On the 5th of November in 2015, I understand that many folks (primarily in the UK) were celebrating Guy Fawkes Night (or Bonfire Night, or even Gunpowder Treason Day). As a boorish American, I admit my profound ignorance about this holiday. Probably like many boorish Americans, I only ever heard of Guy Fawkes from the film V for Vendetta (yes, the film. I definitely wasn’t around for the original comic.)

Even today, I am uncertain as to the prominence in UK culture today. I searched quickly before writing this post (“quickly” because it feels like every moment that passes is a moment where relevance will decline faster than the value a car first driven off the lot…every moment a moment where minor history threatens to be lost to time itself) to see if my intuition that the holiday would be treated similarly to how Independence Day is here were approximately correct. But the articles I found were…complicated. I am now aware that Guy Fawkes has political and religious undertones (err…I mean, beyond the surface level political undertones of attempted regicide). That complication, as well as proximity to other holidays like Halloween, probably justifiably make Guy Fawkes night less popular in the UK than Independence Day is here in the states.

When I think about events that have political and religious undertones on November 5th, I don’t think about any overtly governmental events (…election day typically doesn’t fall on November 5th, and in any case, 2015 would have been an off year.)

Instead of “remember remember”ing the 5th of November for a gunpowder treason and plot that should never be forgot (and which I would never have even learned from across the pond, were it not for a film and wikipedia — do UK folks wonder how many people never learn of the gunpowder plot?), I, on the other hand, remember something else that is also politically and religiously complicated.

(I certainly wonder how many people will never even learn of the thing I remember, because it is likely to never feature in any comics, films, or really, much of anything beyond a few extremely niche news and blog articles as a curiosity about an extremely niche subgroup of mostly Americans.)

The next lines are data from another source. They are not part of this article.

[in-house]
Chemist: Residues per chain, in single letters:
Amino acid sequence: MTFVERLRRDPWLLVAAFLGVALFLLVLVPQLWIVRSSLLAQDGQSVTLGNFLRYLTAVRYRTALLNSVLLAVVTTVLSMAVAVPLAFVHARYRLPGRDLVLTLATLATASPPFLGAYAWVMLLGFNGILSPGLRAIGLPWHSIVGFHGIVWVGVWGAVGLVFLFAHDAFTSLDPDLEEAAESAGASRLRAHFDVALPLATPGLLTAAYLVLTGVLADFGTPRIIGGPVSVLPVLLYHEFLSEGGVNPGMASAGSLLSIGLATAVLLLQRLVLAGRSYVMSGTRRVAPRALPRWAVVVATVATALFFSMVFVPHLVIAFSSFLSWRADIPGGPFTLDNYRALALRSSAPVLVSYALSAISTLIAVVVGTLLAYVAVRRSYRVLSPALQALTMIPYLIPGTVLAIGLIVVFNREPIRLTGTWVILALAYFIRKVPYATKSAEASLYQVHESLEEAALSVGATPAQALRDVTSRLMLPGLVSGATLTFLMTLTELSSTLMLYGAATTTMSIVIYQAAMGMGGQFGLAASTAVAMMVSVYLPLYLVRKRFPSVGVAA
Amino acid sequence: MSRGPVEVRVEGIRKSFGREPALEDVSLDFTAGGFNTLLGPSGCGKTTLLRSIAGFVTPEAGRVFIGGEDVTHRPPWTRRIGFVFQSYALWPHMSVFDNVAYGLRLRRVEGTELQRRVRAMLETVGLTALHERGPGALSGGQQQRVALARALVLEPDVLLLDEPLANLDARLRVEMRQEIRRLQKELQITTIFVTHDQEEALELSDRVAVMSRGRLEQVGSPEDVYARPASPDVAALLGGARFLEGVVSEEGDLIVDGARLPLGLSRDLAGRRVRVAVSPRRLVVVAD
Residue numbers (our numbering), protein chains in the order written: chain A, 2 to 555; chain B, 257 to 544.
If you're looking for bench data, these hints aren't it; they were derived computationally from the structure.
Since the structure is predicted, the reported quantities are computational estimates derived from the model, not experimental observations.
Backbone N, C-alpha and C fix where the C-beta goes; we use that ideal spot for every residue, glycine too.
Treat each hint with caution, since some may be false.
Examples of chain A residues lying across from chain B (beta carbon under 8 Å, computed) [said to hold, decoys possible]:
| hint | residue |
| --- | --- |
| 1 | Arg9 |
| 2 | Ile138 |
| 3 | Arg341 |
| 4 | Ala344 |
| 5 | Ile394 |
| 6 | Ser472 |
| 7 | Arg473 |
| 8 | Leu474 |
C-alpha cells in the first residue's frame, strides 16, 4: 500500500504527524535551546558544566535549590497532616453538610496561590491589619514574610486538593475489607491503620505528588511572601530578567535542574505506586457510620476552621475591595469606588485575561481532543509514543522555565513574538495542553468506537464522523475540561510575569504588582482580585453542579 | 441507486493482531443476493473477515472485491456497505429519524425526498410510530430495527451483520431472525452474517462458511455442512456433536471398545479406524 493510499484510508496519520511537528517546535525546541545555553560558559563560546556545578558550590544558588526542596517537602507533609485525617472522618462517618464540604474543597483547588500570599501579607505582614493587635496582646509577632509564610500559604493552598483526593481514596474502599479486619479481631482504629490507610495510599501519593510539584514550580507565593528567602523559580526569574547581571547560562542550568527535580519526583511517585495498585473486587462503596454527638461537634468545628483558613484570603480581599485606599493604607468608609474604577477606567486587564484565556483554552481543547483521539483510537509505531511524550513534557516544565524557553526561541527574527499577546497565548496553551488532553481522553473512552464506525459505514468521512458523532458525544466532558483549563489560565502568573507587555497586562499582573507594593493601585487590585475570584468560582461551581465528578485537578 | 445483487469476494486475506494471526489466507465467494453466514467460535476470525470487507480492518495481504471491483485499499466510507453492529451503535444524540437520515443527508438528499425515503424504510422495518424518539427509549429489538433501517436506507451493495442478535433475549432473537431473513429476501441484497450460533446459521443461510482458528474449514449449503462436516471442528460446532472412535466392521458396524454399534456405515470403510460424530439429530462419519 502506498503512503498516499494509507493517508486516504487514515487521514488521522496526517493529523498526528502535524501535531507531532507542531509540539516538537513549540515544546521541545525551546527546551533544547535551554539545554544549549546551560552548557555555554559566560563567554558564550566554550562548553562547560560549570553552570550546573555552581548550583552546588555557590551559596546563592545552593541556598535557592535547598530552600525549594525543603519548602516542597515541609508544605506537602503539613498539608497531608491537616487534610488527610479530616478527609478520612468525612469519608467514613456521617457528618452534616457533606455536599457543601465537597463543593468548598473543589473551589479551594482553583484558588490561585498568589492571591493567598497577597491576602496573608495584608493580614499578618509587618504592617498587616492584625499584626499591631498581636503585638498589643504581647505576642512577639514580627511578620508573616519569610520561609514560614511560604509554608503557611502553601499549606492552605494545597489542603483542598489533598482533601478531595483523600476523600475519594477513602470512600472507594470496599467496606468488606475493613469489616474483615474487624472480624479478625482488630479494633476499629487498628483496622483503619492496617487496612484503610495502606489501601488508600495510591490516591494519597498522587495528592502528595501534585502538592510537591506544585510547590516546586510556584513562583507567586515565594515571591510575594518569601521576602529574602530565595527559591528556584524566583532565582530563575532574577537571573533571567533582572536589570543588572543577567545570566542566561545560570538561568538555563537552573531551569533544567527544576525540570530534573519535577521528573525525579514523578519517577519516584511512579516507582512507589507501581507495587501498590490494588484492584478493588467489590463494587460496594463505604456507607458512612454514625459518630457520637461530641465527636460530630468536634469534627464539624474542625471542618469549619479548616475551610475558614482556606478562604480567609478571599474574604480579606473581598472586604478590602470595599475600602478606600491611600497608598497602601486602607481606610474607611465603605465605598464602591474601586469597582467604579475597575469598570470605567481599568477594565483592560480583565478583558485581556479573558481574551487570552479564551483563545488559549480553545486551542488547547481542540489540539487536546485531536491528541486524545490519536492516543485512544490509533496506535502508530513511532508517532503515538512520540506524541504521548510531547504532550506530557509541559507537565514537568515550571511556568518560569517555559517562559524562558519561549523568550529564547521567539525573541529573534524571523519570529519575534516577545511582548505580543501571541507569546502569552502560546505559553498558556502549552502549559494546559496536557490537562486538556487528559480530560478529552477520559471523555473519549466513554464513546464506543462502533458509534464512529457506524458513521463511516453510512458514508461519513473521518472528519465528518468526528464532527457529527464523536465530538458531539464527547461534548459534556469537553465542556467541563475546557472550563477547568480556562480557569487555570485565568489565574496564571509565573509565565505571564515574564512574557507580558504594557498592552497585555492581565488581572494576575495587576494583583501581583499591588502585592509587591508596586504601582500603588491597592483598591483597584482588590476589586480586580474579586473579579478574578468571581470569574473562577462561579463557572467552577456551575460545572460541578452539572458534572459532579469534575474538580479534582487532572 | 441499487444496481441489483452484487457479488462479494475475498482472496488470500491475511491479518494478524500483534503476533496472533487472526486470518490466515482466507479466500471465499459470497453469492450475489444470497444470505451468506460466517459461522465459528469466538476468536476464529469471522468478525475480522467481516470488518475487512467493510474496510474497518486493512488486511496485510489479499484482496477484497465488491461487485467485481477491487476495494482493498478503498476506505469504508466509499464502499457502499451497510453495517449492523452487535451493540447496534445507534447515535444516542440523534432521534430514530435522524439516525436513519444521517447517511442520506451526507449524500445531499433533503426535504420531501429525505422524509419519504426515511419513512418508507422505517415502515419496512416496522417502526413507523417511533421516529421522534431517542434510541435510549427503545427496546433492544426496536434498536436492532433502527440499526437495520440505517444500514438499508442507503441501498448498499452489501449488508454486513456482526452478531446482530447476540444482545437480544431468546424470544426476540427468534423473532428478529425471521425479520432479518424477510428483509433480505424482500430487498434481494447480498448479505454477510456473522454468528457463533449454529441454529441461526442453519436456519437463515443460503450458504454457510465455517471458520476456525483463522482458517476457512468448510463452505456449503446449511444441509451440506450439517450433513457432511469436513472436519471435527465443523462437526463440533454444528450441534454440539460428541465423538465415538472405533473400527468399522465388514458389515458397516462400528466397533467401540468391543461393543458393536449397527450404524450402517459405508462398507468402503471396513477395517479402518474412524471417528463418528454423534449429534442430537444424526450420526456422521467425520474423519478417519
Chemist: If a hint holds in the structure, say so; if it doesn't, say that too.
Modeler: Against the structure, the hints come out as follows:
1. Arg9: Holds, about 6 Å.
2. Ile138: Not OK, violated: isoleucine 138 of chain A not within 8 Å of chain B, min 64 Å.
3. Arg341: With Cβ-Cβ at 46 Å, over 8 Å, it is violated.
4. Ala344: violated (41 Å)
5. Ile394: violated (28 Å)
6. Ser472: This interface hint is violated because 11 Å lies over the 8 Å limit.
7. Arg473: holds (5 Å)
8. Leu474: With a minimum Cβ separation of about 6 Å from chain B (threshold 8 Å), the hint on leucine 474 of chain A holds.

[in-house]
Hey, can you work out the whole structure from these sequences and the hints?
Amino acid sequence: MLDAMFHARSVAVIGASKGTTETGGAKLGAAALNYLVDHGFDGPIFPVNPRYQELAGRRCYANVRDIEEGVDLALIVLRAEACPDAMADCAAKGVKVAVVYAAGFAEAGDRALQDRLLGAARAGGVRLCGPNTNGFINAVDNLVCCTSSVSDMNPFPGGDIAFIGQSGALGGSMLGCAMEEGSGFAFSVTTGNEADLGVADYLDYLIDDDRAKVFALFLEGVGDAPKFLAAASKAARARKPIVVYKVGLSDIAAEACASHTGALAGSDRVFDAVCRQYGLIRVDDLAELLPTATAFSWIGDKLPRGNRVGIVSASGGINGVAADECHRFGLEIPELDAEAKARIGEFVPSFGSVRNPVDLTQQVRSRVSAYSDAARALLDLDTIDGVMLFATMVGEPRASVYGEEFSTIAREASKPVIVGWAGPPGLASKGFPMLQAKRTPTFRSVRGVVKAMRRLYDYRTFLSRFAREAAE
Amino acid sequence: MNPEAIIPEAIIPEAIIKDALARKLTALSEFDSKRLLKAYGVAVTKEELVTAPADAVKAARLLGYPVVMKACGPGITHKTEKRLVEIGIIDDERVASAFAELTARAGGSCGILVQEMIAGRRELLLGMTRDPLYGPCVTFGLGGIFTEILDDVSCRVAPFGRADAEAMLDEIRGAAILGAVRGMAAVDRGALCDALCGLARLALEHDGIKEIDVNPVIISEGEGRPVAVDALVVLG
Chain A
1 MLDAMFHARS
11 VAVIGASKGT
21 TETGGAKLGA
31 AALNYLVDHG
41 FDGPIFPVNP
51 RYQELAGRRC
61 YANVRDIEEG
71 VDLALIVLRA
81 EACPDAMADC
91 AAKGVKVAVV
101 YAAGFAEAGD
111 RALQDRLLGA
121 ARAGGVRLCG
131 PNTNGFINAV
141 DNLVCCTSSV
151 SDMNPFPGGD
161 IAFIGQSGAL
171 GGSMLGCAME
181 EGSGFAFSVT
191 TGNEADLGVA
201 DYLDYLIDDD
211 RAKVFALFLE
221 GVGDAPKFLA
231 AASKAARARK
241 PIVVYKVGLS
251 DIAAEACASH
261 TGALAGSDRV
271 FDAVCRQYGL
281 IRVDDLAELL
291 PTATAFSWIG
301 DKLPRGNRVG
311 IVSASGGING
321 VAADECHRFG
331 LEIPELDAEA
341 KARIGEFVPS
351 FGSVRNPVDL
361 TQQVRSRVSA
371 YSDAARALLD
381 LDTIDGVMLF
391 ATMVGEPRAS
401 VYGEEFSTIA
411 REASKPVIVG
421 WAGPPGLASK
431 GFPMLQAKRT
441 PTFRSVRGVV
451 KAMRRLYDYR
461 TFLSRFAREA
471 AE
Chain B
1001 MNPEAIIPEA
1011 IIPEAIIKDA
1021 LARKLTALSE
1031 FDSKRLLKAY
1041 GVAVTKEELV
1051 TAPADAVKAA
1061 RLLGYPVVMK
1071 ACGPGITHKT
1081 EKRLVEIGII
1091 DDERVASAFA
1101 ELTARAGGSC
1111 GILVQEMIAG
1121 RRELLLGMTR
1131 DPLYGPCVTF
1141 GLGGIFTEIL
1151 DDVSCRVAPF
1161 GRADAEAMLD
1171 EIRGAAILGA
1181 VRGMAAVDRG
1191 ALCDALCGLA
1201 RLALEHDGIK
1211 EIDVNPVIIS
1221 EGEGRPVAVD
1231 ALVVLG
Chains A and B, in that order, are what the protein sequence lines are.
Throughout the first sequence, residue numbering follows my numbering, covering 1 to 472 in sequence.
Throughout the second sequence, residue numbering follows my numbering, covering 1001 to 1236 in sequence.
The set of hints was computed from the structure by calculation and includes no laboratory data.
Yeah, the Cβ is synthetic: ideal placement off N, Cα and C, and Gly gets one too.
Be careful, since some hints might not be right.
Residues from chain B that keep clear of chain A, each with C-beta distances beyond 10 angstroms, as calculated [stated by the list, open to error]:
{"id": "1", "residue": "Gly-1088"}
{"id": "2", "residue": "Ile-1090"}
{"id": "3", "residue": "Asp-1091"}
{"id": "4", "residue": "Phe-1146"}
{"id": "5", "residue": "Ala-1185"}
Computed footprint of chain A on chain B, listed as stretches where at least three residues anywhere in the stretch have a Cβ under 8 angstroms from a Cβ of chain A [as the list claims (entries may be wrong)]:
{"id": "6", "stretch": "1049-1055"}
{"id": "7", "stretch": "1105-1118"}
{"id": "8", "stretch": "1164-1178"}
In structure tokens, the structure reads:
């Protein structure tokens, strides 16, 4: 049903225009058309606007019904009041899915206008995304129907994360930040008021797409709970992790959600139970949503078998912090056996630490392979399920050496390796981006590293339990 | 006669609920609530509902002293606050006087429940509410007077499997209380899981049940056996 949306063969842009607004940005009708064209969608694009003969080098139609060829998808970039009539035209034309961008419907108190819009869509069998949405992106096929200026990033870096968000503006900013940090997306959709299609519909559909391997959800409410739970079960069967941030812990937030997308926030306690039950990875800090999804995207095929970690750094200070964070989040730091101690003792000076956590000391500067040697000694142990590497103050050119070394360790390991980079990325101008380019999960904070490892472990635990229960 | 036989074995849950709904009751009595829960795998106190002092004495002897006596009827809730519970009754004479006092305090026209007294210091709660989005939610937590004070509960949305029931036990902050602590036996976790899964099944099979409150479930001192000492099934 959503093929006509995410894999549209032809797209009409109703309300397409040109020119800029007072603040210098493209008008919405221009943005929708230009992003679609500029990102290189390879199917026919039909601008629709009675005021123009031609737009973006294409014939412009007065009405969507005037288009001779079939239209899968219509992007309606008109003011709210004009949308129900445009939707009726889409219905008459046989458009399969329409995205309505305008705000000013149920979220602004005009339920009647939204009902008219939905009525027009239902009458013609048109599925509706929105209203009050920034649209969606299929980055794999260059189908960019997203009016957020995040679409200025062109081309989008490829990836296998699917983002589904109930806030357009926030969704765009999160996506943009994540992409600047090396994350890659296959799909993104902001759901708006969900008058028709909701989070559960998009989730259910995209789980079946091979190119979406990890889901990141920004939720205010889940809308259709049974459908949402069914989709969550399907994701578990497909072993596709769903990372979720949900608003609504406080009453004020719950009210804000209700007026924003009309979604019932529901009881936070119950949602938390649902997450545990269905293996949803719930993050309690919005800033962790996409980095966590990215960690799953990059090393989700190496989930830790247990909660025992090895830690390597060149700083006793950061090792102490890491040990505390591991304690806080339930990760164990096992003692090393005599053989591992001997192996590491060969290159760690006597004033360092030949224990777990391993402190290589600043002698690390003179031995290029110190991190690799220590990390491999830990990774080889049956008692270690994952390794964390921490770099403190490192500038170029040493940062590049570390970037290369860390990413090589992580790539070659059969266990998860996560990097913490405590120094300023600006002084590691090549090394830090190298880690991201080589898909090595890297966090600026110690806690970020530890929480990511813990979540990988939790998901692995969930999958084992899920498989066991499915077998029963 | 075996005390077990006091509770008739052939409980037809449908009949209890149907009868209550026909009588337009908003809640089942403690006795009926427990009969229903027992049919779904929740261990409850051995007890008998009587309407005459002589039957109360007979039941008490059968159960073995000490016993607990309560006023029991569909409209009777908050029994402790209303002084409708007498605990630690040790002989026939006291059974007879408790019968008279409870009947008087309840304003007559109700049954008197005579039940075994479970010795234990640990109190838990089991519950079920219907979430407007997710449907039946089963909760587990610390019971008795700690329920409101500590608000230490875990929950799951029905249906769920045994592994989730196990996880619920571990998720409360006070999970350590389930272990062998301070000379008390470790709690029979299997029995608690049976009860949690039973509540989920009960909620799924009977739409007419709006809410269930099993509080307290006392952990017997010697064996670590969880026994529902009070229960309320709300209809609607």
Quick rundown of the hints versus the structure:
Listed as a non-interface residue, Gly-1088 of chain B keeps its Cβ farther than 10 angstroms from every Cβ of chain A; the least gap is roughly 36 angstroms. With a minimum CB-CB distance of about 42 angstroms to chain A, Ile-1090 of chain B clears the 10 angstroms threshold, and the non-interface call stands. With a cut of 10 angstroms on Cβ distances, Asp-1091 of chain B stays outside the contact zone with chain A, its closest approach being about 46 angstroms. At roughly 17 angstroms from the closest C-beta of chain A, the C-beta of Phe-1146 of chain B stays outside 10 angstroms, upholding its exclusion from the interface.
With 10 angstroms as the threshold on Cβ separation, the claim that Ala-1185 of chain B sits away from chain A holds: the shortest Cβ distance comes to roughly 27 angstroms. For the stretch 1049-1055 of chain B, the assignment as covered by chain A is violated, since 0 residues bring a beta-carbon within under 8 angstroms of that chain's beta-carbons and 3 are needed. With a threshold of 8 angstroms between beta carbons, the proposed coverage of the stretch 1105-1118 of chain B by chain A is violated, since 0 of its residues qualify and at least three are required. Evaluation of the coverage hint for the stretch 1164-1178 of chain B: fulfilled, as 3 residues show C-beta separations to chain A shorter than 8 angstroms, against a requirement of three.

Salt Lake City Temple, dressed in rainbow pride colors

The Policy of Exclusion

I, like many folks within the constellation of Mormonism (the culture, community, and religion surrounding the Church of Jesus Christ of Latter-day Saints), remember November 5th, 2015 as the day when church leaders announced stark new policies regarding the status of those in same-sex marriages (or comparable relationships) as being apostates to the church, and policies noting that the children of a parent or parents in such a relationship must be excluded from baptism in the church.

Per the above link (about which I am just paranoid enough to fear that it may be tampered, edited, or otherwise lost to the future — and with it, perhaps even our very memories themselves lost to the ravages of time), I remember November 6th, 2015 as the day when the church’s Newsroom interviewed Elder D. Todd Christofferson of the Quorum of the 12 Apostles regarding this policy. I remember noting that Elder Christofferson’s own brother Tom is gay, had formerly been in a long-term same-sex relationship, but had recently ended that relationship to rejoin the church. I remember that within days of the announcement of the policy, Tom was interviewed frequently enough that of course, many would speculate that Elder Christofferson’s selection to speak to the Newsroom had some greater meaning.

I noted that Elder Christofferson spoke of this as a policy. The word revelation was never mentioned, but words like practice and doctrine were. But even in his answers were implications of what the Savior wants, what can and cannot change, and what must be firm. To quote from this article:

So it’s a matter of being clear; it’s a matter of understanding right and wrong; it’s a matter of a firm policy that doesn’t allow for question or doubt. We think it’s possible and mandatory, incumbent upon us as disciples of the Lord Jesus Christ, to yield no ground in the matter of love and sympathy and help and brotherhood and serving in doing all we can for anybody; at the same time maintaining the standards He maintained. That was the Savior’s pattern. He always was firm in what was right and wrong. He never excused or winked at sin. He never redefined it. He never changed His mind. It was what it was and is what it is and that’s where we are, but His compassion, of course, was unexcelled and His desire and willingness and proactive efforts to minister, to heal, to bless, to lift and to bring people toward the path that leads to happiness never ceased.

Elder D. Todd Christofferson, “Church Provides Context on Handbook Changes Affecting Same-Sex Marriages,” LDS Newsroom, 6 November 2015.

I don’t remember how soon this policy became known colloquially as the “PoX” — policy of exclusion — but I remember that it did.

I remember conversations where even faithful Latter-day Saints were taken aback by the starkness of the policy. I remember that the policy had originally been leaked, and that some people thought it was a hoax. I remember seeing and hearing the process by which many of the people who had initially been taken aback came to accept the policy and to rationalize its correctness. I remember seeing and hearing the process by which many other people finally decided to resign their membership in protest of this policy.